UN lauds role of Pakistani peacekeepers in Liberia | Pakistan Today

UN lauds role of Pakistani peacekeepers in Liberia

Special Representative of the UN Secretary-General and Coordinator of United Nations Operations in Liberia Ellen Margrethe Loj has praised the Pakistan’s peacekeeping contingent for its significant role in maintaining peace and for training paramedics in Liberia. She said this during her address to the group of Islamabad and Lahore based journalists who had come to her office in Monrovia. Mentioning work of Pakistani engineers and medical team, the special representative said the “Pakistani contingent was doing a very good job.” Around 3,000 peacekeeping troops from Pakistan have been deployed under the United Nations flag in different parts of the West African country since 2003.
She, however, pointed out that only seven women in uniform had been included in Pakistan’s contingent and expressed a need of sincere efforts to increase this number.
Ellen Margrethe, who has served in different capacities for her home country, said the United Nations Mission in Liberia (UNMIL) took over the peacekeeping duties from ECOWAS forces in 2003 after 14 years of civil war.
After disarming fighting factions in the country, the UNMIL started to train the Liberian army and worked to rebuild institutions.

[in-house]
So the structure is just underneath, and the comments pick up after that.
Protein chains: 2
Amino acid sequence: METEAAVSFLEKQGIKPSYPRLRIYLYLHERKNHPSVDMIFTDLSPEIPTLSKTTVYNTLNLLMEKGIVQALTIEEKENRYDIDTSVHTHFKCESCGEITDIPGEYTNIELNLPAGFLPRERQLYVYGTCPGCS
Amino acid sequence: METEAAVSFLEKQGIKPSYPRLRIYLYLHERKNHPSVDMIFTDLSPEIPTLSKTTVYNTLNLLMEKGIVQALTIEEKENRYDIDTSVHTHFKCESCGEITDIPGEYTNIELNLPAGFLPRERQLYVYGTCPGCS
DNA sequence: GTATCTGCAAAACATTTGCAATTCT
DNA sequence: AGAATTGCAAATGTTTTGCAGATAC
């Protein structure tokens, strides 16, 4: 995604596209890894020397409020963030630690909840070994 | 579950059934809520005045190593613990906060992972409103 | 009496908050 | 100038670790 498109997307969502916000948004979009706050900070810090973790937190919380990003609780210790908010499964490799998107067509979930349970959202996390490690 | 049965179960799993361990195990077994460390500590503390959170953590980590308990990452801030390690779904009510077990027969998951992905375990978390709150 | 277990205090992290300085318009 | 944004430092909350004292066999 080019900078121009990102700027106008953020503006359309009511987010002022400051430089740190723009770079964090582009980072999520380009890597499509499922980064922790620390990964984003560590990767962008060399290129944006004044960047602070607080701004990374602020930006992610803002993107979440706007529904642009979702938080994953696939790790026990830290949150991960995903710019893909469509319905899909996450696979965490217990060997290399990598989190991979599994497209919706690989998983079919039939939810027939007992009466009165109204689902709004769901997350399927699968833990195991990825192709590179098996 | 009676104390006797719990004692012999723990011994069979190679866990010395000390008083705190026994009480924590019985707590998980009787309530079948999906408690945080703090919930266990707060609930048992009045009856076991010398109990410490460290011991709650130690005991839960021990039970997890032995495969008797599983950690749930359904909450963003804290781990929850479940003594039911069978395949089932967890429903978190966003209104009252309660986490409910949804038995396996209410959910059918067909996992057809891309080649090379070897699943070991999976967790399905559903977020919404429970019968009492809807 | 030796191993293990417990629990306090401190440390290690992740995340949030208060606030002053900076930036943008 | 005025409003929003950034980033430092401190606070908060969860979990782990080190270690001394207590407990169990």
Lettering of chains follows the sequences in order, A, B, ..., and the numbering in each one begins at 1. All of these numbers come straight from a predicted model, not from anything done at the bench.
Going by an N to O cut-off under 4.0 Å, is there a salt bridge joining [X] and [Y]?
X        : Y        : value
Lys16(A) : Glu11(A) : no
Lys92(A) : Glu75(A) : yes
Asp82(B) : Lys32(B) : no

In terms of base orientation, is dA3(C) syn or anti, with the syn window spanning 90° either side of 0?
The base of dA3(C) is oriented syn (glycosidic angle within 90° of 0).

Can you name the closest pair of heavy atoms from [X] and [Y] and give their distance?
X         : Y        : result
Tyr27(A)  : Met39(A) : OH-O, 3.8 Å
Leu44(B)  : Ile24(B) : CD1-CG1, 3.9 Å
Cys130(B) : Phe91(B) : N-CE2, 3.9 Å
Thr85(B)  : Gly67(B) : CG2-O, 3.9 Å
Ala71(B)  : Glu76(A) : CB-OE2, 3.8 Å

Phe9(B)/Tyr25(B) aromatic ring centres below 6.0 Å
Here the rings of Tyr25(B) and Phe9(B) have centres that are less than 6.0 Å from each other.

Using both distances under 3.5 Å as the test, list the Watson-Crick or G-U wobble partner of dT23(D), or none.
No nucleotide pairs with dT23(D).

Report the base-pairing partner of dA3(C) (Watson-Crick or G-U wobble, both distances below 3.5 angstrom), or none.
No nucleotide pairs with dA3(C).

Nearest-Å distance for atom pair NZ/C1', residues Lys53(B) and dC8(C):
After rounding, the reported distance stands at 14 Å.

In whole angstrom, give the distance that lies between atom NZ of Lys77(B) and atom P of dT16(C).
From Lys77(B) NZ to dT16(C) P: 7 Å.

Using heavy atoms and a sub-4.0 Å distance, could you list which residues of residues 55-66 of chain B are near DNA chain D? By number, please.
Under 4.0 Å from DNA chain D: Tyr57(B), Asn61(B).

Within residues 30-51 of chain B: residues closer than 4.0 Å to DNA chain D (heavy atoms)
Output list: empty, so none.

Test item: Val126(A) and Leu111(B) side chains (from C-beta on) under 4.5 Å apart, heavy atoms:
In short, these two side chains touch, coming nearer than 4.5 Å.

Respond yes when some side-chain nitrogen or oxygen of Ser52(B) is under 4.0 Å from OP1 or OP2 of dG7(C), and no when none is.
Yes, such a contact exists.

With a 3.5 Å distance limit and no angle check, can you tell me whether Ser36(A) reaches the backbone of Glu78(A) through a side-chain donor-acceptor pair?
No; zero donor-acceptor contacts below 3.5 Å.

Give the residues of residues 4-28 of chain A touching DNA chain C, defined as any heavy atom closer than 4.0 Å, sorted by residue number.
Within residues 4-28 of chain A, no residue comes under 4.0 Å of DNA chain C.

She said a referendum to amend the Constitution of Liberia is scheduled on August 23 this year.
The general election will be held in October this year and added that the refugees, who had returned, would also cast their votes. The special representative of the UN Secretary-General said that as per UN Security Council resolution, UNMIL consisted of up to 15,000 United Nations military personnel but the number had now reduced to 8,000.
Responding to a question, she said enough jobs were not created in the private sector and apprehended that huge unemployment could threaten peace.
14 years of civil wars from 1989-2003 in Liberia have claimed lives of almost 150,000 people, mostly civilians, and led to a complete breakdown of law and order. It has displaced scores of people, both internally and beyond the borders, resulting in some 850,000 refugees in the neighbouring countries.
On August 18, the peace agreement ended war and after two years of rule by a transitional government, democratic elections in late 2005 brought President Ellen Jonson Sirleaf to power.

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